Marvel’s Agents if S.H.I.E.L.D. 2×6 Review: “A Fractured House”

CLARK GREGG

Now that Civil War has been announced I can’t help but see it everywhere. Given the impact that Captain America: The Winter Soldier had on Marvel’s Agents if S.H.I.E.L.D. it’s not unfounded to assume the third Captain America film will have cause similar repercussions. Plus, when people start lobbying against SHIELD and the superheroes they support it’s hard not to assume that this is all heading towards the great Marvel schism. I know I’m thinking way to far ahead, but thanks to Marvel’s big event it’s on my brain and it’s hard to ignore. Anyway, Civil War obsession aside, this episode continued the exciting character driven drama that has made this show so entertaining since it kicked into gear at the end of last season.

I may as well start with my bi-weekly protest against Lance Hunters general existence because he was particularly pointless in this episode. His interactions with Bobbi Morse (who is has shed a shining light of awesome on this show) were awkwardly forced, although I’ll admit that towards the end some of the banter as they fought was watchable but certainly not praiseworthy. Also Hunter’s casual misogyny is just getting worse, especially now that we know he’s referencing Bobbi. I thought it might have been heading towards his ex-wife being Shanna O’Hara, which would have made some of his statements slightly more forgivable. But now we know he’s just a misogynist ass.

ADRIANNE PALICKI

Bobbi Morse though, is AMAZING. Best new addition, she even beats out Mac and I still really love him. I was a little disappointed that most of her stuff this week was connected to that Lance Hunter guy but her interactions with May were great – I’d love to see them go on more missions together and I could watch them beat up dudes all day long. I also have to point out that Bobbi and Jemma both ran into the room together, I’m not saying they were making out because that would be pure speculation on my part, but wouldn’t it be cool if they were. Then again, maybe they were just talking biology.

Speaking of Jemma Simmons, it’s great to see her back in the fold. As much as I loved seeing her trying to be cool undercover, it’s nice to get her back with the team. I particularly love the subtle ways they are showing that she’s a gotten a lot harder since the end of last season – admitting to watching Ward and the way she was the one that told him she’d kill him if she ever saw him again (I don’t doubt it either). And the way she interacts with Fitz is even better than I expected.

To be honest I was a little worried with how they would deal with Fitz and Jemma’s reunion and how they would explain Jemma’s decision to leave in the first place. Because while it’s clearly incredibly hard for her to see Fitz in this state, she never struck me as the kind of character to abandon someone she cared about no matter how much it hurt. The fact that her presence makes Fitz worse works really well because it makes what they both want impossible. Jemma wants to help and Fitz wants her to be there for him but they can’t make it work and it’s heartbreaking. I particularly liked that it was Mac that picked up on the problem, because he never saw Fitz-Simmons as they were he only sees them as they are now and what they are now is not good for either of them.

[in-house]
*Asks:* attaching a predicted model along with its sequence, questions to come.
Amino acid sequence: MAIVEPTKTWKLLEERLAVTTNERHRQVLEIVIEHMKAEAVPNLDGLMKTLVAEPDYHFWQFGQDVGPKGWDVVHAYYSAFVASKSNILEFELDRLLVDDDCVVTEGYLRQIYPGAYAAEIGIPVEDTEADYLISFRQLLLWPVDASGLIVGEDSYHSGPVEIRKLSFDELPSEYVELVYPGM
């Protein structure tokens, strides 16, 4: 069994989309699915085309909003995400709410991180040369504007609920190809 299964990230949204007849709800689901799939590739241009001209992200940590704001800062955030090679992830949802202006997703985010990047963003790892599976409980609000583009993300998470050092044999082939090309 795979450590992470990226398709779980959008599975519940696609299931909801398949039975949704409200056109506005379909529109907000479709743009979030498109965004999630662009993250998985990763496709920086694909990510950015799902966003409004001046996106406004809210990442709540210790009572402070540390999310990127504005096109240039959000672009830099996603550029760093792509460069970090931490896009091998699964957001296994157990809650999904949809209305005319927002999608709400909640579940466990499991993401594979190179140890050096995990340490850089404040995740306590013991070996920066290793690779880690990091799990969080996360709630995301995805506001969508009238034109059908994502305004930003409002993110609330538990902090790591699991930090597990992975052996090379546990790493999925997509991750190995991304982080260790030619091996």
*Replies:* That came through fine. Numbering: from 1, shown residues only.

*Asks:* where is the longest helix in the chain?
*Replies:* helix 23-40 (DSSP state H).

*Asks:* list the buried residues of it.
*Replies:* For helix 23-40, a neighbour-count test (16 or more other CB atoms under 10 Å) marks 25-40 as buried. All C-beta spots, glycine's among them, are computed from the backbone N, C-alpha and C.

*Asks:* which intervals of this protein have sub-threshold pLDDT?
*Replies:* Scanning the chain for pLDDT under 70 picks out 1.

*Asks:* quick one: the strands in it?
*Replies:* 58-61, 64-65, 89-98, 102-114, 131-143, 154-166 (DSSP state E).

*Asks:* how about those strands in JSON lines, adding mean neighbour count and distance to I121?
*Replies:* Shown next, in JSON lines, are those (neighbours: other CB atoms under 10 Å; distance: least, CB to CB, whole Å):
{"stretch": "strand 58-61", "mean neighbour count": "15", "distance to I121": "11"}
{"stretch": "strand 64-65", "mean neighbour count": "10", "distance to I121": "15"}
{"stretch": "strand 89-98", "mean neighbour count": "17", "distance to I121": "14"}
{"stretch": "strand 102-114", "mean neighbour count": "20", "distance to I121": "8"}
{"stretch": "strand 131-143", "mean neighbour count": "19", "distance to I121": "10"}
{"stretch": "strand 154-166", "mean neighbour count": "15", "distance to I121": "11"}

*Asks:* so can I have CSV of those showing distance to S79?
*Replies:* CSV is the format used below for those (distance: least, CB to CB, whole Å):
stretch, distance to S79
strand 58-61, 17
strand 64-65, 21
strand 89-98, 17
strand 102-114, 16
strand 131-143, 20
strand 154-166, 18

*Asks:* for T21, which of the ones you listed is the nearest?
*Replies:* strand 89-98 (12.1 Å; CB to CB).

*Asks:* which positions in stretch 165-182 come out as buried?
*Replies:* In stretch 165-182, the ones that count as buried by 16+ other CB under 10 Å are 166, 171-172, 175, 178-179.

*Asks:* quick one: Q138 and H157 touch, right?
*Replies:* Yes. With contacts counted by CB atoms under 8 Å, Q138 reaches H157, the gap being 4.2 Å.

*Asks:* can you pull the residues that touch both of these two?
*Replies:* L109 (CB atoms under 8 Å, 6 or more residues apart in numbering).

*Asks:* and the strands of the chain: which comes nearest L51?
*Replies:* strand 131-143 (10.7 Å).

TIM DEKAY

The main plot of the episode revolved around my favorite evil Nazi, Grant Ward, who much to my surprise has actually been an intriguing addition to this season so far. They are continuing to play with the is he evil is he not idea, except we know he’s evil what we need to figure out is the degree of his evilness. Is he just evil by association, or is he fundamentally evil underneath the abs and the grief beard? The introduction of Ward’s supposedly horrible big brother Christian as a political foil turned potential ally for S.H.I.E.L.D. worked well, especially because it seems fairly obvious that they’re both lying. I very much doubt that Christian Ward is actually just your standard run of the mill morally ambiguous politician, and I don’t think Coulson believes that either. He just hates Ward so much that he’s willing to hand him over to his abusive older brother without a hint of remorse.

Generally I’m not a fan of flashing between timelines in order to give the allusion that things are happening at the same time when they’re not but in this instance it worked. It’s a technique that is particularly prevalent in spy/thrillers like Agents if S.H.I.E.L.D. so if they start to abuse it I will get annoyed very quickly. This particular moment worked so well because he played into both Ward and the audiences assumptions that Skye would do something rash like she did last week. But instead she took a page out of Black Widows book and used everyone’s expectations against them and it was great.

Anyway, enough from me, what did you think? Are you loving Bobbi Morse? Did Fitz-Simmons break your heart? Is Ward totally evil or just mostly evil? Let us know in the comments.

Author: Undie Girl

Undie Girl (aka Von) has a BA (Hons) Major in Cultural Studies. The title of her honours thesis was “It’s just gay and porn”: Power, Identity and the Fangirl’s Gaze. She’s currently pursuing a Masters of Media Practice at University of Sydney. Von’s a former contributor The Backlot’s column The Shipping News and a current co-host of The Geekiary’s monthly webcast FEELINGS… with The Geekiary.



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